The apparatus comprises an overall elongated structure formed by a serial connection of a handpiece 10, a valve 20 and a probe 30.
The handpiece 10 is a one-piece plastics moulding having two parallel tubular formations 11 and 12 separated from one another by a land 13. Towards one end the moulding incorporates a formation 14 which projects in a transversely inclined manner across and beyond the tubular formations to facilitate one-handed gripping with the fingers passing around and below the handpiece and the thumb passing forwardly above the handpiece. At its other end the tubular formations 11 and 12 terminate in connectors 15 and 16 respectively to receive the hose lines 2 and 3 in communication with the bores of such formations.
The valve 20 has a valve body 21 connected with the handpiece end adjacent the grip formation 14. The body 21 has an inlet port 22 communicated with the bore of tubular formation 12, and has two mutually spaced outlet ports 23 and 24. A valve member 25 formed with two transverse bores 26 and 27 is sealably and slidably located in the body 21. The valve member projects from the valve body under the action of a bias spring 28, in opposite manner to the grip formation projection from the handpiece, to suit operation by a user's thumb. In its normal biassed position the valve member bores are displaced from the inlet port in the valve body. Upon operation of the valve member to slide within the body the bore 26 is first communicated at its ends with the inlet port and the outlet port 23, and thereafter with continued operational movement the bore 27 is communicated at its ends with the inlet port and outlet port 24 while bore 26 is discommunicated.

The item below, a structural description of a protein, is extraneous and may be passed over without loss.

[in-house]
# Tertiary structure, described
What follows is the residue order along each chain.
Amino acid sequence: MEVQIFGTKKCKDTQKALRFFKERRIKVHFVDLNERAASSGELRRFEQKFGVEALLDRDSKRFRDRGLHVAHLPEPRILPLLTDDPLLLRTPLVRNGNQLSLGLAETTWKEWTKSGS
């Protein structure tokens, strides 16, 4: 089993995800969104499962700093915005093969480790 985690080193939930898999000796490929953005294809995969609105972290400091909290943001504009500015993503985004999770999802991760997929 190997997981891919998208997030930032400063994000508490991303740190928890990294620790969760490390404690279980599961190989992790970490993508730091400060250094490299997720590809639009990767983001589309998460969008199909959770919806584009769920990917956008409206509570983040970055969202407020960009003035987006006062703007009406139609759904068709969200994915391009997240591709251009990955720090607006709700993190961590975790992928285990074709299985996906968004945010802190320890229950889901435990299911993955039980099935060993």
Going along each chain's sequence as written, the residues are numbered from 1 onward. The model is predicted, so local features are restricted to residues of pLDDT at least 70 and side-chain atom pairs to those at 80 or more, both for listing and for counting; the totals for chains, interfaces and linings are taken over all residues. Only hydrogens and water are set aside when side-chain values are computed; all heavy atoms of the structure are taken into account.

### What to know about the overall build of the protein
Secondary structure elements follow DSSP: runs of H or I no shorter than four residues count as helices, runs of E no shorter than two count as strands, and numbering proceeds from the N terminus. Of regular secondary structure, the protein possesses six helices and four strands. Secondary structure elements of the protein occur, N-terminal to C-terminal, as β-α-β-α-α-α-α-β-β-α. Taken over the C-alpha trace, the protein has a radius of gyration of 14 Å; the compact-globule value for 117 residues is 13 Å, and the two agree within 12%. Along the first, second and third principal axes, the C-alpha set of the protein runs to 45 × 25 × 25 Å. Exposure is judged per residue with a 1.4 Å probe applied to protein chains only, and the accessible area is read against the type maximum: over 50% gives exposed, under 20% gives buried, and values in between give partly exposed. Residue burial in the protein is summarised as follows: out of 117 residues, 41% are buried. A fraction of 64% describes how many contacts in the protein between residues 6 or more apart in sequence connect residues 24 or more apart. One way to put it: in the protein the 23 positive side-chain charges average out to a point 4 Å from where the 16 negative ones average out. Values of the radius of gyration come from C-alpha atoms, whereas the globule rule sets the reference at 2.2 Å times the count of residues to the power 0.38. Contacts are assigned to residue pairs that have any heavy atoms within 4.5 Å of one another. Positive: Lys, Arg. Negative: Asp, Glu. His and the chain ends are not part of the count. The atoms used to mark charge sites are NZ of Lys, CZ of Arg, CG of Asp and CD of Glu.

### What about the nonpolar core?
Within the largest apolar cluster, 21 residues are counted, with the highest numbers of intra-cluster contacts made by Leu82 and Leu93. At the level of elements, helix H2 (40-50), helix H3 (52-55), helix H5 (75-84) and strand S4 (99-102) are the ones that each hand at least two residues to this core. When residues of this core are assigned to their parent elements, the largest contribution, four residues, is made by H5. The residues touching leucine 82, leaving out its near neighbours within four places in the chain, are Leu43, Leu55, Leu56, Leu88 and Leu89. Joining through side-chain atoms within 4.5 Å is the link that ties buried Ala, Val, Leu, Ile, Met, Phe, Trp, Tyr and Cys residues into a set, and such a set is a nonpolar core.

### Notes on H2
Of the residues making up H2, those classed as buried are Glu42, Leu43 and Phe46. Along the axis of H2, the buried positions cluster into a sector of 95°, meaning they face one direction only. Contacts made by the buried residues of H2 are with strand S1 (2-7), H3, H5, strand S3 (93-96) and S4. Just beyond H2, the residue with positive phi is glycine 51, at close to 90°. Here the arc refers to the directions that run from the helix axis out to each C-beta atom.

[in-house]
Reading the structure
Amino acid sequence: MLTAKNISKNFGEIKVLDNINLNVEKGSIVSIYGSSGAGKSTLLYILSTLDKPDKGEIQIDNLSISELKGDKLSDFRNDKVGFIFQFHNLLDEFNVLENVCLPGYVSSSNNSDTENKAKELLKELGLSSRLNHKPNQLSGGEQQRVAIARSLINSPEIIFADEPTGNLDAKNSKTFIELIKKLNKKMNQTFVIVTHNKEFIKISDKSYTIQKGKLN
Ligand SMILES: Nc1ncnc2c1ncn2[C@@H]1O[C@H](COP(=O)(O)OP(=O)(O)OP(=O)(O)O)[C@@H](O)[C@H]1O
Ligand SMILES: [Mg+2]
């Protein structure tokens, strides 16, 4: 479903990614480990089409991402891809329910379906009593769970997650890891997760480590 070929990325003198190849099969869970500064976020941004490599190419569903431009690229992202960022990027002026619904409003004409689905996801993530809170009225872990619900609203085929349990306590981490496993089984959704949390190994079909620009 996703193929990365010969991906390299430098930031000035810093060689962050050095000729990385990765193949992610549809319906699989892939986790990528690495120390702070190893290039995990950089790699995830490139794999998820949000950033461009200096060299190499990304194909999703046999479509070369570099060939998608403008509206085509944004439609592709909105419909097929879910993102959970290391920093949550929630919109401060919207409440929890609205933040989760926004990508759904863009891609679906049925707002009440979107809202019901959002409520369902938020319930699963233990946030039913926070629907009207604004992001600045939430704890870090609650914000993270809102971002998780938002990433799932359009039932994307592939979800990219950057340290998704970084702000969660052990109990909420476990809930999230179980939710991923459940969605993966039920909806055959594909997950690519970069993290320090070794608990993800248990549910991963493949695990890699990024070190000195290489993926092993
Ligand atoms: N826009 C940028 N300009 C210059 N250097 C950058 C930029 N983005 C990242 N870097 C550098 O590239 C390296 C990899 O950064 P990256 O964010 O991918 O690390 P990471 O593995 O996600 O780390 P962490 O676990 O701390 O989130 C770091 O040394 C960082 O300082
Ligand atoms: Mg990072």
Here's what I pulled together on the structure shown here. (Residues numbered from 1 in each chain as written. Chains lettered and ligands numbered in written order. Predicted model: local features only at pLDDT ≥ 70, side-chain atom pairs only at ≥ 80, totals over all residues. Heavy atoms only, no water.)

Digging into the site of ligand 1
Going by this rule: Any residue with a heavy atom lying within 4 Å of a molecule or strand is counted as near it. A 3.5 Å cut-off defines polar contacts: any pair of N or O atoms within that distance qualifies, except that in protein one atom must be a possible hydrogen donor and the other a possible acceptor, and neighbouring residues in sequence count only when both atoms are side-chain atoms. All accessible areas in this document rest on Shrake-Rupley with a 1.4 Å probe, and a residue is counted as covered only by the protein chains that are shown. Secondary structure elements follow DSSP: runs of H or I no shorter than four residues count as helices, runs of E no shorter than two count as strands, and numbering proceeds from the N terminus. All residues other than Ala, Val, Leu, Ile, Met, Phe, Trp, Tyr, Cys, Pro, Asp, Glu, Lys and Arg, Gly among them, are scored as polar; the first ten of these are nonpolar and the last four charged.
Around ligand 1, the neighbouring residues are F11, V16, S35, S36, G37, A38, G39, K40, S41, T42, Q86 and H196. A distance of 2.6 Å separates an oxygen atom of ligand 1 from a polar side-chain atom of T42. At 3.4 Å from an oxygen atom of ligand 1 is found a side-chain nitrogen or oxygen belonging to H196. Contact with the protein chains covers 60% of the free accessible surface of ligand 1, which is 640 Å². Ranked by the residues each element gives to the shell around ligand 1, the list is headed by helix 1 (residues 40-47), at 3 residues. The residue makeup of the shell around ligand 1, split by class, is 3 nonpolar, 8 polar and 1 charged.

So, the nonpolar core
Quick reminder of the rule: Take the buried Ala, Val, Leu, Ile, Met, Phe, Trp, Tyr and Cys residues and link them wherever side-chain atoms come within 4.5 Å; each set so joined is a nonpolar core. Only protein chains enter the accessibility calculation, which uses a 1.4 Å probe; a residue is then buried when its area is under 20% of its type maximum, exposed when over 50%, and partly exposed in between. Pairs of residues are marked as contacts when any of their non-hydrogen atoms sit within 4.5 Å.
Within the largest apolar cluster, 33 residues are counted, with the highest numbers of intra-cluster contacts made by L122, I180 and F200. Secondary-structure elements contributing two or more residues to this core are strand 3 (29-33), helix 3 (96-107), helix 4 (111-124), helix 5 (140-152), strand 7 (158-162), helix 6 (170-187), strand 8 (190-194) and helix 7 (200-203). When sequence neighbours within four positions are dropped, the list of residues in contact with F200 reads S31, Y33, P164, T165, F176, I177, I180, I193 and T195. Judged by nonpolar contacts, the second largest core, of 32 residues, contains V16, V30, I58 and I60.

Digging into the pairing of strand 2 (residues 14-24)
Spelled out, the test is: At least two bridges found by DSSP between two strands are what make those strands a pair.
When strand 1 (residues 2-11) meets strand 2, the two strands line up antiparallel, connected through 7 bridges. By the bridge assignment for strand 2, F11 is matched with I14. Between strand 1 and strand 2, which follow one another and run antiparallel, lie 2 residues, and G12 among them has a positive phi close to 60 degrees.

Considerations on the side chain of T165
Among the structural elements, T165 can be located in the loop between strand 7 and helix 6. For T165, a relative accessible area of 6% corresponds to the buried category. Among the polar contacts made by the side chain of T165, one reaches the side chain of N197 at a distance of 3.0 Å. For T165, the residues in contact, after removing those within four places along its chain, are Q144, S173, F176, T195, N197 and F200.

The probe 30 comprises three tubes 31, 32 and 33 extending in generally parallel manner from the handpiece and valve.
The tube 31 is communicated at one end directly with the bore of the tubular formation 11 of the handpiece and forms a suction conduit which is permanently open. At its other end the bore of tube 31 opens longitudinally by way of an aperture 34 and this bore is also transversely opened adjacent such end by way of a plurality of apertures 35 around the tube. The apertures 34 and 35 are each of smaller cross-sectional dimensions than the bore of tube 31.